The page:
One of the most significant federal laws of the last 20 years is the Americans with Disabilities Act of 1990. This law’s purpose is to provide full economic opportunity to disabled individuals without discrimination. It forbids employers from discriminating against them on the basis of their disabilities. The law has had a major impact on employers’ practices in job application procedures, hiring, job placement, compensation, promotions, terminations, and other areas. It has also been the source of much litigation against employers. The Equal Employment Opportunity Commission reported that it received nearly 140,000 ADA-related complaints in one seven-year period.
Some employers have worried about the ADA’s apparent effects on hiring and placement of workers. The law appeared to prohibit them from evaluating workers’ physical limitations when deciding their fitness for jobs. Some employers interpreted it to mean that they had to change a particular job to fit a disabled applicant. However, the law exempts an employer from having to do this if placing the person in the position would pose a “direct threat” to himself or other workers. A direct threat is “a significant risk of substantial harm to the health or safety of the individual or others that cannot be eliminated or reduced by reasonable accommodation.” Because of this provision, employers have not had to make unreasonable job modifications for disabled workers.
In addition, an employer has a variety of hiring and placement procedures available under the law. For example, the employer may still test for drug use. The ADA does not protect a worker’s use of illegal drugs, and the employer may deny or terminate employment for their use. Also, an employer is within its rights to ask about an individual’s abilities. It can require a medical examination of an individual so long as it does so for all applicants for similar jobs. If the person cannot perform the essential functions of the job, the employer does not have to hire them. The employer may also ask an applicant to perform a job demonstration. This technique provides a simulated environment where the applicant can show how they would do a job. It can be useful when applicants have obvious disabilities that appear to interfere with safe and efficient job performance.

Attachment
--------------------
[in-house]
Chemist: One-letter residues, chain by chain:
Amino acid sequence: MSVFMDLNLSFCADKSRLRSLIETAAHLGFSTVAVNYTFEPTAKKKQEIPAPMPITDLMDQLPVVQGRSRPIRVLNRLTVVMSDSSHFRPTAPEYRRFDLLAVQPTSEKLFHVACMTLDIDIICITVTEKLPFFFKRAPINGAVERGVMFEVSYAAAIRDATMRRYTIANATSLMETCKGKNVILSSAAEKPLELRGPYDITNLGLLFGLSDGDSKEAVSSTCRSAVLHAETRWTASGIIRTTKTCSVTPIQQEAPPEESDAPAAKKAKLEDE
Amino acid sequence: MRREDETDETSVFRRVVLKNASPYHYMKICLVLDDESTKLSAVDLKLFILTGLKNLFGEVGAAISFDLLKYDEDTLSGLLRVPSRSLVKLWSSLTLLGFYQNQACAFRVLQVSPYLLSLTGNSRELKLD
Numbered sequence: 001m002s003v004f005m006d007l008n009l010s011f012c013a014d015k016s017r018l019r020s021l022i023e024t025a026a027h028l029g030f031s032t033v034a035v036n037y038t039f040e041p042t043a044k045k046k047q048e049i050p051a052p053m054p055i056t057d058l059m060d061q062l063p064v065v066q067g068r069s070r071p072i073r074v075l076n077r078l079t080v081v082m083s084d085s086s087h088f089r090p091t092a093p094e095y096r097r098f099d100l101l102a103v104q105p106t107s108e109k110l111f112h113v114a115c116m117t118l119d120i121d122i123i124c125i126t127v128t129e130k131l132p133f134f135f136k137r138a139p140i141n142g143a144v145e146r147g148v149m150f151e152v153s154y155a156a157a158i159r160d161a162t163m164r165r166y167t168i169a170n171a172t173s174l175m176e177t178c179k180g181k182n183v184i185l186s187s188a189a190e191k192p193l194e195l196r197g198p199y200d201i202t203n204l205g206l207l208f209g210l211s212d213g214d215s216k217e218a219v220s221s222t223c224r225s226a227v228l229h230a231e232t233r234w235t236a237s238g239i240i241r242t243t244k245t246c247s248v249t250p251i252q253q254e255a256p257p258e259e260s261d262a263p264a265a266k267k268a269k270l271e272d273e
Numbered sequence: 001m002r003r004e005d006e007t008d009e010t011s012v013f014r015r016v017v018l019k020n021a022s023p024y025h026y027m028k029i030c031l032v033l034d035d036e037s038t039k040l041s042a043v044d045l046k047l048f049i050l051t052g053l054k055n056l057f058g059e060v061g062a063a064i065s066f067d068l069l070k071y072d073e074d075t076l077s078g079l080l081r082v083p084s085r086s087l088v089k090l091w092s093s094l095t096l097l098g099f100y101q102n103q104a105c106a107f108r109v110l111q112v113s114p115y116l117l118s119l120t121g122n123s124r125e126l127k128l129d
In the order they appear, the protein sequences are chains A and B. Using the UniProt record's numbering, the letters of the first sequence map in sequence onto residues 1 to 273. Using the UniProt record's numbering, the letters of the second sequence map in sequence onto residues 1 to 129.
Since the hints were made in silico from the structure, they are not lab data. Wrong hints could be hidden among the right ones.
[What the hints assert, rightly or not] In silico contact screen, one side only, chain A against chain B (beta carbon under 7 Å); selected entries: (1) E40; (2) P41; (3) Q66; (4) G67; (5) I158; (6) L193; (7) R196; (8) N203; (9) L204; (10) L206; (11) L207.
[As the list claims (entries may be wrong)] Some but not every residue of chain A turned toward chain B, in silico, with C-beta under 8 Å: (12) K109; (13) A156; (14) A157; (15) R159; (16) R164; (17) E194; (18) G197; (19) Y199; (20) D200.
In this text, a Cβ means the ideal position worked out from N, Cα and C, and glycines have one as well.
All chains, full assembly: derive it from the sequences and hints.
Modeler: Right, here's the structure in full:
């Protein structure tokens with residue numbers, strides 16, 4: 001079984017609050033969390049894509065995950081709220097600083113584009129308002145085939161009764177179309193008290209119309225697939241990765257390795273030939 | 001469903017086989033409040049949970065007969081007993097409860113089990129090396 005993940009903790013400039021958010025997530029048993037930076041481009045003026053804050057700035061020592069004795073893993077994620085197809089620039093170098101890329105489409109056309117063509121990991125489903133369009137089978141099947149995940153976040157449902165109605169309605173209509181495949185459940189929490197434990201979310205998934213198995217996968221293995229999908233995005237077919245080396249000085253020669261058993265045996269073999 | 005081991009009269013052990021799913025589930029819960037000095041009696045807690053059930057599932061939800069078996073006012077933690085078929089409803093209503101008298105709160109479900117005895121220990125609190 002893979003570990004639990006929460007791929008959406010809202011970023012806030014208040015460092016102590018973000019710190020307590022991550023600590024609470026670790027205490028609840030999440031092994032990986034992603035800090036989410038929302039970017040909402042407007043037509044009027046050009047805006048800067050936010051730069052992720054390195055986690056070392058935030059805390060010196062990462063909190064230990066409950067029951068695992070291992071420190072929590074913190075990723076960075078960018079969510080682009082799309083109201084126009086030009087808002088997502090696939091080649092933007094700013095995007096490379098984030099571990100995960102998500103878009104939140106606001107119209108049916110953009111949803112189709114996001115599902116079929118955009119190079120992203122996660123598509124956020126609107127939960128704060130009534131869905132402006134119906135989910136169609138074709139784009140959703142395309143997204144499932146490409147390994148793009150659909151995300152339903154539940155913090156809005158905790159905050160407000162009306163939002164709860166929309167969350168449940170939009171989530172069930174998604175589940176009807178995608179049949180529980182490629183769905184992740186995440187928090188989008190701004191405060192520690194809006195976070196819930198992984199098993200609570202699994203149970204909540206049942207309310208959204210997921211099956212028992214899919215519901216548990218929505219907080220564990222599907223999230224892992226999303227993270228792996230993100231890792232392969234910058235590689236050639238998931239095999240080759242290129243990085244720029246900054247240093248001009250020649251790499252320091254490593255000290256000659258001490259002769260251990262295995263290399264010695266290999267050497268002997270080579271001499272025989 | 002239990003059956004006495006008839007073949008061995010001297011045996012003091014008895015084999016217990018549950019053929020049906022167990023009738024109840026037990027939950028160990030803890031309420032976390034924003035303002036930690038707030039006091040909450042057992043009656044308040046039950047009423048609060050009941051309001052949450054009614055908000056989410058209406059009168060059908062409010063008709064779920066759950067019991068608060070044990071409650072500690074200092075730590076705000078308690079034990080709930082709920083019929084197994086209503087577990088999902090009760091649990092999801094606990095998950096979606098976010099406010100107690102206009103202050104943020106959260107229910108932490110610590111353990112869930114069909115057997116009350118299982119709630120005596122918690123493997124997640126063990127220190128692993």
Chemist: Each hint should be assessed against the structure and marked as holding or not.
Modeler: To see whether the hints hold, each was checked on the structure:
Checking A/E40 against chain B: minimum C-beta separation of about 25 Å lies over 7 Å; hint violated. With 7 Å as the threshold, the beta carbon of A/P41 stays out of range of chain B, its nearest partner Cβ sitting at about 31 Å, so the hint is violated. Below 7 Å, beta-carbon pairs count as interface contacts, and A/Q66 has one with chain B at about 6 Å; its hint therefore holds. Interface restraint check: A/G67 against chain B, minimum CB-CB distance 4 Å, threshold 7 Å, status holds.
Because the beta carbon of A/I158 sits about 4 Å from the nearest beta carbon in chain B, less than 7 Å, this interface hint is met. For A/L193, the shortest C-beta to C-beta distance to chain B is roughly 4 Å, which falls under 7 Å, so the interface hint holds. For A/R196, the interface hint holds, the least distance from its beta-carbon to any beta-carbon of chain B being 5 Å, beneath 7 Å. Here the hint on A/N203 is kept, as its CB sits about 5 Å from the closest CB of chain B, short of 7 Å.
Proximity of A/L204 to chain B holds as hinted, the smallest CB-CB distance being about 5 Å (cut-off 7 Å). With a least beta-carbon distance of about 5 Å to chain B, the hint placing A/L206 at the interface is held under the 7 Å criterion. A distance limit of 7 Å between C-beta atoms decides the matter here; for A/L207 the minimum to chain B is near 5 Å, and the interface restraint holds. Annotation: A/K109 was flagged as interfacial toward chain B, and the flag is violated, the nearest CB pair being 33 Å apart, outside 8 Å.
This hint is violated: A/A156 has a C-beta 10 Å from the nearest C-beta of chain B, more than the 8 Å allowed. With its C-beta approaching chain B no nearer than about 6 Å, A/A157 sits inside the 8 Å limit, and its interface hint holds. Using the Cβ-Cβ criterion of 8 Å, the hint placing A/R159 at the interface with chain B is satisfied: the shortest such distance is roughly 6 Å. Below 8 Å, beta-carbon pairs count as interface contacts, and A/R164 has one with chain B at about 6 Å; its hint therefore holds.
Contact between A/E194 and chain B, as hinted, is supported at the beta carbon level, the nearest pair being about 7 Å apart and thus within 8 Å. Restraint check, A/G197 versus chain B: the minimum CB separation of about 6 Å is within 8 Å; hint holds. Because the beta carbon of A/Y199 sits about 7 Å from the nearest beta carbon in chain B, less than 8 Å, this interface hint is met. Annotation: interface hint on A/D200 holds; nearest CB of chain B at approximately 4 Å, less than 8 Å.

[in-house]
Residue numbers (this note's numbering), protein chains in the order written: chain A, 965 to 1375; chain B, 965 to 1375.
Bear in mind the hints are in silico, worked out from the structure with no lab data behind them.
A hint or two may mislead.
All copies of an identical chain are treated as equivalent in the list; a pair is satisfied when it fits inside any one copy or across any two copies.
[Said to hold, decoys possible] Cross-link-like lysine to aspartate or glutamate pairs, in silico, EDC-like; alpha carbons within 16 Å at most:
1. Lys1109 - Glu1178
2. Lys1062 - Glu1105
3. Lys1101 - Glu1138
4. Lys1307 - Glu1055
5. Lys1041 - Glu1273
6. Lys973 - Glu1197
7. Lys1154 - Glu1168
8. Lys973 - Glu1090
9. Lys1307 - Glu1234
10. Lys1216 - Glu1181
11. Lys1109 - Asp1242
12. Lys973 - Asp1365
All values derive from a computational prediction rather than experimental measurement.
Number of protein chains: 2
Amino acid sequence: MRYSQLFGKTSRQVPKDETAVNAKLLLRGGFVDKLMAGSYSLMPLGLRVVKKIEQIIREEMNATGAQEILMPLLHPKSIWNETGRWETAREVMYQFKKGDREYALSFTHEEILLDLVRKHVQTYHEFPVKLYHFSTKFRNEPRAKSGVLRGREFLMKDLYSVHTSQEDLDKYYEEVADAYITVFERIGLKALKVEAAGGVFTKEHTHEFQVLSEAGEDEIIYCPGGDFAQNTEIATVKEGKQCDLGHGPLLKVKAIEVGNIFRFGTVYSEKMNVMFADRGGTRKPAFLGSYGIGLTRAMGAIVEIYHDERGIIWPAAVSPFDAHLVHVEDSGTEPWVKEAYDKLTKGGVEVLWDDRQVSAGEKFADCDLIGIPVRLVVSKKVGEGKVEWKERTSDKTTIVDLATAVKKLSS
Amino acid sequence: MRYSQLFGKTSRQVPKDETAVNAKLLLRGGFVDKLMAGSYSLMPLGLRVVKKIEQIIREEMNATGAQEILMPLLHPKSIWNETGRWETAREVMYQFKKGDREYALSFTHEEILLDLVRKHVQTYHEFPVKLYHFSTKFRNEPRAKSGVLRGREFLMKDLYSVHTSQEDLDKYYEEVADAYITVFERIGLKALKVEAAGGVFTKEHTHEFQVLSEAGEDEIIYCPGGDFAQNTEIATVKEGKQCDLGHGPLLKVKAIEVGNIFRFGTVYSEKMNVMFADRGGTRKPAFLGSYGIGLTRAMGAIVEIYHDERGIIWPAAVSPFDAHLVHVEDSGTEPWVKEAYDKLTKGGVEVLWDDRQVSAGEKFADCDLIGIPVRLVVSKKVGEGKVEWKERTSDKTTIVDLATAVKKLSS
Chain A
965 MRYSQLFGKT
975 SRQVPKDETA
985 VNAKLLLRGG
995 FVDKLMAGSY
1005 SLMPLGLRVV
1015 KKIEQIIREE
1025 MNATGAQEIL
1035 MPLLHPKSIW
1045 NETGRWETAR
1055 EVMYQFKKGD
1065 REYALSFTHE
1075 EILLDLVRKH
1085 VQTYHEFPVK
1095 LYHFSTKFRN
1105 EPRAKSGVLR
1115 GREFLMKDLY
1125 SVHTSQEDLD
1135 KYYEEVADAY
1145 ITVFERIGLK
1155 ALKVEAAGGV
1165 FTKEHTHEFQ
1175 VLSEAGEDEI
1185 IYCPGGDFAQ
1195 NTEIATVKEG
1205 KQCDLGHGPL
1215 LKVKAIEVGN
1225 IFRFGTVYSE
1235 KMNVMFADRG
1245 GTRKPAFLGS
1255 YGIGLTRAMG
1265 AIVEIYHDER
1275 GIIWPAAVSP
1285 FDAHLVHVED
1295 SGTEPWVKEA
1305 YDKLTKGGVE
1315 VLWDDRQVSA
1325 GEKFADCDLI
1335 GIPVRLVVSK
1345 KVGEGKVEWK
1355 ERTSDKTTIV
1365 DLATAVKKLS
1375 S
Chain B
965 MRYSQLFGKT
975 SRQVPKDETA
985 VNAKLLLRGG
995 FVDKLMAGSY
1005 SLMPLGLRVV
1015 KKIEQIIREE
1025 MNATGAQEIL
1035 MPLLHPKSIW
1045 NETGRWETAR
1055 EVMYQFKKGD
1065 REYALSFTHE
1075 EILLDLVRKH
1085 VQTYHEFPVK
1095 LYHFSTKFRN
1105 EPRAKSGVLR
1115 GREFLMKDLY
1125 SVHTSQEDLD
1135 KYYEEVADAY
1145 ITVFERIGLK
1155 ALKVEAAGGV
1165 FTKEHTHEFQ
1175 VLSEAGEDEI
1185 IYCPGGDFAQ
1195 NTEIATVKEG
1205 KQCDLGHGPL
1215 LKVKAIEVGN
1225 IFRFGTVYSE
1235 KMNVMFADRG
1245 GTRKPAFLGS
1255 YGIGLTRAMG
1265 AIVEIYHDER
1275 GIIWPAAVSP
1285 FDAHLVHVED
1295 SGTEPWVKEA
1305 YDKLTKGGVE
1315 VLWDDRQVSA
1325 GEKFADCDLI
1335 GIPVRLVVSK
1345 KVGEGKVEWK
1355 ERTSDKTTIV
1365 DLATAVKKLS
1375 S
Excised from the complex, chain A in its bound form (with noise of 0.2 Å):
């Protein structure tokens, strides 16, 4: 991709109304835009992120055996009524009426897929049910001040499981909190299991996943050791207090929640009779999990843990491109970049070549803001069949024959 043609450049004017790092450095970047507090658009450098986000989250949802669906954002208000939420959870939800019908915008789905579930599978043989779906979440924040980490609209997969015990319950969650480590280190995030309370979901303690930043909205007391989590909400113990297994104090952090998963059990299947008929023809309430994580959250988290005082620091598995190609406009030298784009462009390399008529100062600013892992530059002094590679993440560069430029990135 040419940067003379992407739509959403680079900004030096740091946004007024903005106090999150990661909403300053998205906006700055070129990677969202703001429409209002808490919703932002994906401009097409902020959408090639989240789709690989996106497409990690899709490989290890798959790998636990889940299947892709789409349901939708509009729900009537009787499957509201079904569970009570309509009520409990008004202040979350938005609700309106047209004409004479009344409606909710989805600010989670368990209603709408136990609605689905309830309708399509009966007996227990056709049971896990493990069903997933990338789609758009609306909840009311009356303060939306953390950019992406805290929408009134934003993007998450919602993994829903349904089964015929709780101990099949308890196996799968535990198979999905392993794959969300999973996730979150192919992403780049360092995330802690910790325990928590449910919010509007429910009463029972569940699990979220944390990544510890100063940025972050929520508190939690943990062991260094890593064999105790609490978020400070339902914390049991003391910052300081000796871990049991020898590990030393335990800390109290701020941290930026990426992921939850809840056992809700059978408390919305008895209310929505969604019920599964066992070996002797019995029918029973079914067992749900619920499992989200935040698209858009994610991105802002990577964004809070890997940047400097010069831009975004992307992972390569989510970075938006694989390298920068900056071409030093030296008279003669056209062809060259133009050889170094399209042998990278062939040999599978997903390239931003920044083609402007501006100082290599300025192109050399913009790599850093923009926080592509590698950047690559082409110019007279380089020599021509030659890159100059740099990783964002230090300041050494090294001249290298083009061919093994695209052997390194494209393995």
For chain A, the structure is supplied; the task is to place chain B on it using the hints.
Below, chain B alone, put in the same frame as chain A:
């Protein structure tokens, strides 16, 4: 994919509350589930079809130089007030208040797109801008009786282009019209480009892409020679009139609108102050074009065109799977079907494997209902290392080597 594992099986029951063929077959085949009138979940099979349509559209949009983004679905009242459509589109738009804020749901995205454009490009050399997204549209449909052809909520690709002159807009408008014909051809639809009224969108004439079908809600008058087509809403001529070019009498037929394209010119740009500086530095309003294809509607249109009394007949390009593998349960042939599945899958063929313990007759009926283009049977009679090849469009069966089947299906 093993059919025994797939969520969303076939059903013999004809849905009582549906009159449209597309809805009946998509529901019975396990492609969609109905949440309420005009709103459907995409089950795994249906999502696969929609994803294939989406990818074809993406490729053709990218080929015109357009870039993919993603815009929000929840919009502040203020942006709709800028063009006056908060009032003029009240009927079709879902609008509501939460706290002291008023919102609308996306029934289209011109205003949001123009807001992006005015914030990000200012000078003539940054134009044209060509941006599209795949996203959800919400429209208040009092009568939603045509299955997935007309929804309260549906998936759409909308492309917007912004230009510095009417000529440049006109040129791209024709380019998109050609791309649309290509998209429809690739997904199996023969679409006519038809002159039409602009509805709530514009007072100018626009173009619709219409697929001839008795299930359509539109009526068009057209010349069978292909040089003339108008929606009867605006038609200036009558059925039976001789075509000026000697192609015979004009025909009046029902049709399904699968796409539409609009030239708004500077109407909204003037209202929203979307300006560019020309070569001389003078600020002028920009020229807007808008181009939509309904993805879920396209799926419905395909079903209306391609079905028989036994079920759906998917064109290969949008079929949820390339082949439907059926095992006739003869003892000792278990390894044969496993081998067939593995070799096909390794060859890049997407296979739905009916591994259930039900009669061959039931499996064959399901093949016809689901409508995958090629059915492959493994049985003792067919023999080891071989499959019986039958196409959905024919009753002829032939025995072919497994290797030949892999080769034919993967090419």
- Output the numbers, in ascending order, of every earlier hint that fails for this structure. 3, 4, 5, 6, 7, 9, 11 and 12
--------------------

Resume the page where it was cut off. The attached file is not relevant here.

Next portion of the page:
Regardless of how an employer conducts its personnel practices, it is always vulnerable to claims of discrimination under the ADA. To protect themselves against financial loss from such claims, employers should consider purchasing Employment Practices Liability insurance (EPLI). This insurance covers an organization’s liability for “wrongful acts,” including discrimination. Most policies define discrimination as including violations of federal, state and local laws that give protected status to certain individuals. Because of these provisions, EPLI policies should cover employers for damages they must pay as the result of violations of the ADA. In addition, the policy will pay the costs of defending the organization against the claim, even if the claim is groundless.
EPLI policies cover claims made during the policy period, but only if the alleged wrongful act occurred on or after a specific date, known as the “retroactive date.” For example, a policy written for the period January 1, 2008 to January 1, 2009 and with a retroactive date of January 1, 2004 will cover a claim made on November 1, 2008 for an act that happened on July 1, 2006. It will not cover a claim made on the same date for an act that happened on July 1, 2003. There is no standard EPLI policy, so the policies will vary by company.
Modern employment laws like the ADA can easily trip up even a well-meaning employer. All organizations should consider buying an EPLI policy. Contact us with any questions about this vital coverage!